PITTSBURGH (May 22, 2019) — For the past 40 years, research has proven that people of color, low-income communities and ethnic minorities suffer the effects of environmental contamination more than other communities. The Flint, Mich., water crisis and the Dakota Pipeline protests serve as national examples of environmental injustices, but similar issues affect communities across the country. New research from the University of Pittsburgh’s Swanson School of Engineering Mascaro Center for Sustainable Innovation, in partnership with the Kingsley Association and funded by the Heinz Endowments examined the impact that bottom-up, community-level initiatives have in addressing environmental justice issues. They found that the best way to address a community’s environmental injustices is to meet them where they are, integrating into the community and building trust over a long-term partnership. Pittsburgh has long struggled with air quality since its early industrial days, and the effects of environmental pollution on health are well-known. Residents in the Greater Pittsburgh region are at twice the cancer risk of surrounding counties, and disadvantaged communities see the worst of it. The East End of Pittsburgh is among the city’s most underserved boroughs, struggling with crumbling infrastructure, community disinvestment, and high traffic density. These factors all contribute to the poor air quality affecting citizens’ health and wellness, which is what their program, the Environmental Justice Community Action Matrix (EJCAM), is designed to address. “When your house is in need of repairs, it can’t effectively keep the outdoor air out. Since Americans spend nearly 90 percent of their time indoors, the concentration of pollution inside the house could be a significant contributor to poor health,” says Melissa Bilec, PhD, the Roberta A. Luxbacher Faculty Fellow and associate professor of civil and environmental engineering. “I visited one community member’s home and noticed that she was using an oxygen tank, and it struck me just how much these environmental issues are impacting people’s health inside their own homes.” Dr. Bilec and her team, with PhD student, Harold Rickenbacker as a lead, have partnered with the Kingsley Association, a community organization in Larimer, since 2007 on environmental justice initiatives. EJCAM, their most recent collaboration, went through four stages, using the Theory of Change paradigm: outreach, involvement, participatory research and consultation. It culminated in in-house air quality testing that Dr. Bilec says wouldn’t have been possible without the trust that their partnership built, especially Harold’s commitment and time spent in working with the community. EJCAM created Community Action Teams (CATs), which trained community members to become leaders who would train others and advocate for environmental issues; the Urban Transition Cities Movement (UTCM) brought together unlikely stakeholders community members, non-profit leaders, small businesses, universities, governmental agencies, youth and public officials. Because of these initiatives, community members have become more involved and aware of environmental issues, knowledgeable about green materials, infrastructure and land use practices. They’re active in the management of forthcoming landscape features in housing developments and pollution control schemes. The most important thing Dr. Bilec learned through this process was that in order to be effective, the first step must be building trust. And the way to build trust is to be visible in the community over time. Harold Rickenbacker, a PhD candidate working with Dr. Bilec on the initiative and lead author of the paper, dedicated himself to integrating with the community to truly understand its needs and the best way to fill them. He attended community meetings, church gatherings and other events. A mobile air quality monitoring bicycle campaign took researchers and community members to the streets, riding bikes mounted with air particulate counters that give a real-time map of air quality in the area. More than that, it gave the researchers a way to be visible and connect with the community, who would often stop them to ask what they were doing. “We found the most important thing we could do was to be present, to listen to the citizens and figure out how our research can help them,” says Mr. Rickenbacker. “Community-based initiatives are effective, but they have to be a sustained partnership, not a one-off event.” The team is currently performing indoor air quality assessments with the community members, counseling them on measures they can take to improve it and the supplies they’ll need to do so. They hope that their program model will be replicable in other communities in the Pittsburgh area and beyond. The project recently won the Senior Vice Chancellor for Engagement’s Partnerships of Distinction Award, and Mr. Rickenbacker won the Carnegie Science Award in the College/University Student category this year for his work on EJCAM. The paper, “Creating Environmental Consciousness in Underserved Communities: Implementation and Outcomes of Community-Based Environmental Justice and Air Pollution Research,” was published in Sustainable Cities and Society (DOI10.1016/j.scs.2019.101473) and was coauthored by Dr. Bilec and Fred Brown of the Forbes Fund.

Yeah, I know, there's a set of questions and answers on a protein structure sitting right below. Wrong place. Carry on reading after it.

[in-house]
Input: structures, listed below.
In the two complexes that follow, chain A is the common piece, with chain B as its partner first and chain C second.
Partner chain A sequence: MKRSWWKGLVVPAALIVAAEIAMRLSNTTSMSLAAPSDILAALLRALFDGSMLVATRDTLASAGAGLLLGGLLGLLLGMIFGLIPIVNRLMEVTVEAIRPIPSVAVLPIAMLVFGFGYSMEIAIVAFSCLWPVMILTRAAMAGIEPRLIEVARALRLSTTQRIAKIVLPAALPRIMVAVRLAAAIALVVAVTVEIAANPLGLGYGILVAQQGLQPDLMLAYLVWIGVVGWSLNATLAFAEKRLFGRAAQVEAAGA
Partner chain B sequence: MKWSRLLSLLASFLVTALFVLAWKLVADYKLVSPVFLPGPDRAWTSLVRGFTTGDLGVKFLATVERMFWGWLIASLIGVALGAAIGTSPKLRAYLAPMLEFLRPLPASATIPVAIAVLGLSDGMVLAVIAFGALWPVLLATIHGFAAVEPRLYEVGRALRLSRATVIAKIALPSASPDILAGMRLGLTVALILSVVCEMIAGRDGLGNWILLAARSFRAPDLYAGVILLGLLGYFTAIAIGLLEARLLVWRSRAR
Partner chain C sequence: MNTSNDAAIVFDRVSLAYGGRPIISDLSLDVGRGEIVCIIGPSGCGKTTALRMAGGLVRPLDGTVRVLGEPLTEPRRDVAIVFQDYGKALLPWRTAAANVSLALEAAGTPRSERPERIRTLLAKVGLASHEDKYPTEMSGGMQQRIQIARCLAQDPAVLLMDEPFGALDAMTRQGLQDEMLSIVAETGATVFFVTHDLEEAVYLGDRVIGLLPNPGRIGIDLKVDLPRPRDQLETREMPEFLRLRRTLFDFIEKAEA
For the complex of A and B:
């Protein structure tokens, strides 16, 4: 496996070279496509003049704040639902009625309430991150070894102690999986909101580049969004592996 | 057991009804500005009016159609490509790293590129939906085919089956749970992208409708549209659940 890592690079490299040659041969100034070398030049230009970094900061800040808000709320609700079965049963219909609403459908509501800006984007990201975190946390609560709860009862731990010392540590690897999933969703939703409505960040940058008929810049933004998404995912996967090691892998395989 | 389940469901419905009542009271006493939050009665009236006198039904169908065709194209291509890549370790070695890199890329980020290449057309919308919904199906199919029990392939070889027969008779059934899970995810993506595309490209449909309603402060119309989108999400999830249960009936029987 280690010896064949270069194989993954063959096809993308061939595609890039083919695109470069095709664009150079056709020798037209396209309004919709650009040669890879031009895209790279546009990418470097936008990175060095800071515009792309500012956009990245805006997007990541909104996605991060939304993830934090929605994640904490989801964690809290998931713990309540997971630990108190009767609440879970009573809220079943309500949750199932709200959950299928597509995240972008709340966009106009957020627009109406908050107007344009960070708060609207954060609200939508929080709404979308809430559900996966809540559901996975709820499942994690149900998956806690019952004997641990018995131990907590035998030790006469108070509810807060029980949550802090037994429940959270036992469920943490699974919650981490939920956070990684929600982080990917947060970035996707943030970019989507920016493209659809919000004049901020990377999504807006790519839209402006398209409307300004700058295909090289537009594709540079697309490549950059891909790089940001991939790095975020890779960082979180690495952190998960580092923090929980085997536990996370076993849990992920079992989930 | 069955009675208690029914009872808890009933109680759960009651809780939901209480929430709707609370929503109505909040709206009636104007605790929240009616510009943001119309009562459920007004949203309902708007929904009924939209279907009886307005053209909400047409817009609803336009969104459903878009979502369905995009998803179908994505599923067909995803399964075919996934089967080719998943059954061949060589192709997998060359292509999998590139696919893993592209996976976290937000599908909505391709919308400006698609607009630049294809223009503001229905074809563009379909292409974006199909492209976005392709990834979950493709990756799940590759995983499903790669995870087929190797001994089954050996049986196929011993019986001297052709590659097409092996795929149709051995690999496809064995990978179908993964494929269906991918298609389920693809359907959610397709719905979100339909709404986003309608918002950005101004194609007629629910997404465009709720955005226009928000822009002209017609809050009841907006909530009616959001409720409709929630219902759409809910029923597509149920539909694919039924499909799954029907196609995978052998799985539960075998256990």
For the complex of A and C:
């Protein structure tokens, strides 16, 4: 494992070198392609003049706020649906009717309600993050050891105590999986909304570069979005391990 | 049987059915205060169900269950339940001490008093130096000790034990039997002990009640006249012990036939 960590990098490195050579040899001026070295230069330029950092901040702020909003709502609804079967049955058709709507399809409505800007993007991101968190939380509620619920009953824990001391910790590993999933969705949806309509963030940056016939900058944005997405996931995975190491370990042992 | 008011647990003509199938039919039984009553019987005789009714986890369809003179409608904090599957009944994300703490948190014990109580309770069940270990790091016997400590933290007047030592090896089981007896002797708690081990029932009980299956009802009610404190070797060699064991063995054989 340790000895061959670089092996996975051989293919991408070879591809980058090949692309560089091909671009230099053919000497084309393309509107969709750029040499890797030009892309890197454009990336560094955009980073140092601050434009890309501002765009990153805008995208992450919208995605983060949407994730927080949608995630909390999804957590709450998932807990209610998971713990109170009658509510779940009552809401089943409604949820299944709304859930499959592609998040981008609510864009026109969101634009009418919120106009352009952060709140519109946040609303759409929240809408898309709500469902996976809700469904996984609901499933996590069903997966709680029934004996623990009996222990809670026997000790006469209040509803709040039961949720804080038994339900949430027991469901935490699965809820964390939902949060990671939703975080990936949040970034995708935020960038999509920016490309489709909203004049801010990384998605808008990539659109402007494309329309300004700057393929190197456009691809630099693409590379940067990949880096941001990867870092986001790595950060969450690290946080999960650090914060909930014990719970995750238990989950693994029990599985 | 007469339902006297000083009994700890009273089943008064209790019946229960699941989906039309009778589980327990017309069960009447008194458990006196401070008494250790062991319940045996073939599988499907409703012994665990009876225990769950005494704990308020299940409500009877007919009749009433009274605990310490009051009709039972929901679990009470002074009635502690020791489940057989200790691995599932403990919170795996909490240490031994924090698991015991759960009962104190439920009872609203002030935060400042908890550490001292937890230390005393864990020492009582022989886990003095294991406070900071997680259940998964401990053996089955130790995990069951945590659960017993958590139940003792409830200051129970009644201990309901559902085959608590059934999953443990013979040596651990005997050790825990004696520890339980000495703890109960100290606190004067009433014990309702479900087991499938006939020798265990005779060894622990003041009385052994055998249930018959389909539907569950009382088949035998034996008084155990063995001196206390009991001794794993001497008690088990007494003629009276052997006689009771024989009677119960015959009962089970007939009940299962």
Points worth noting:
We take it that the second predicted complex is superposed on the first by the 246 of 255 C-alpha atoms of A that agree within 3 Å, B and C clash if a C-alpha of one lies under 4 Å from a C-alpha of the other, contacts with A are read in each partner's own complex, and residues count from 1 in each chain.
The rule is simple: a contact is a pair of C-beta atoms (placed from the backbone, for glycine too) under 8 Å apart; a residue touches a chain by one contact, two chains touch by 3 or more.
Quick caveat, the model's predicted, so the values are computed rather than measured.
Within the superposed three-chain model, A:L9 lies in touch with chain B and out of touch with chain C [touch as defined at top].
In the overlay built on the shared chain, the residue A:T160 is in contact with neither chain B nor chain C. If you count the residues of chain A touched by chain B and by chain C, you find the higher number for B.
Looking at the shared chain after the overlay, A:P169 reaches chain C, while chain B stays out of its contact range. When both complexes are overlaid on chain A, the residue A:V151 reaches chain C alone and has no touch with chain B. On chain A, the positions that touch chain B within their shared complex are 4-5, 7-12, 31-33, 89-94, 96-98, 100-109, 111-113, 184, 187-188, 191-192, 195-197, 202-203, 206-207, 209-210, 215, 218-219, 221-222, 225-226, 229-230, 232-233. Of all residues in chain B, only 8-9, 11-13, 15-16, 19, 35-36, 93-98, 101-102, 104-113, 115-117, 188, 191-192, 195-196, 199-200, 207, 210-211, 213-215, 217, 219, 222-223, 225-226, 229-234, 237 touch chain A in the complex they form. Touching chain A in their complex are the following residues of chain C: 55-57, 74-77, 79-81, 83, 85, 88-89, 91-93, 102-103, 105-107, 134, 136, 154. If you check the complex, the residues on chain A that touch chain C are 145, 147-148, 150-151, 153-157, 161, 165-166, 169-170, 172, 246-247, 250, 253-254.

Maggie Pavlick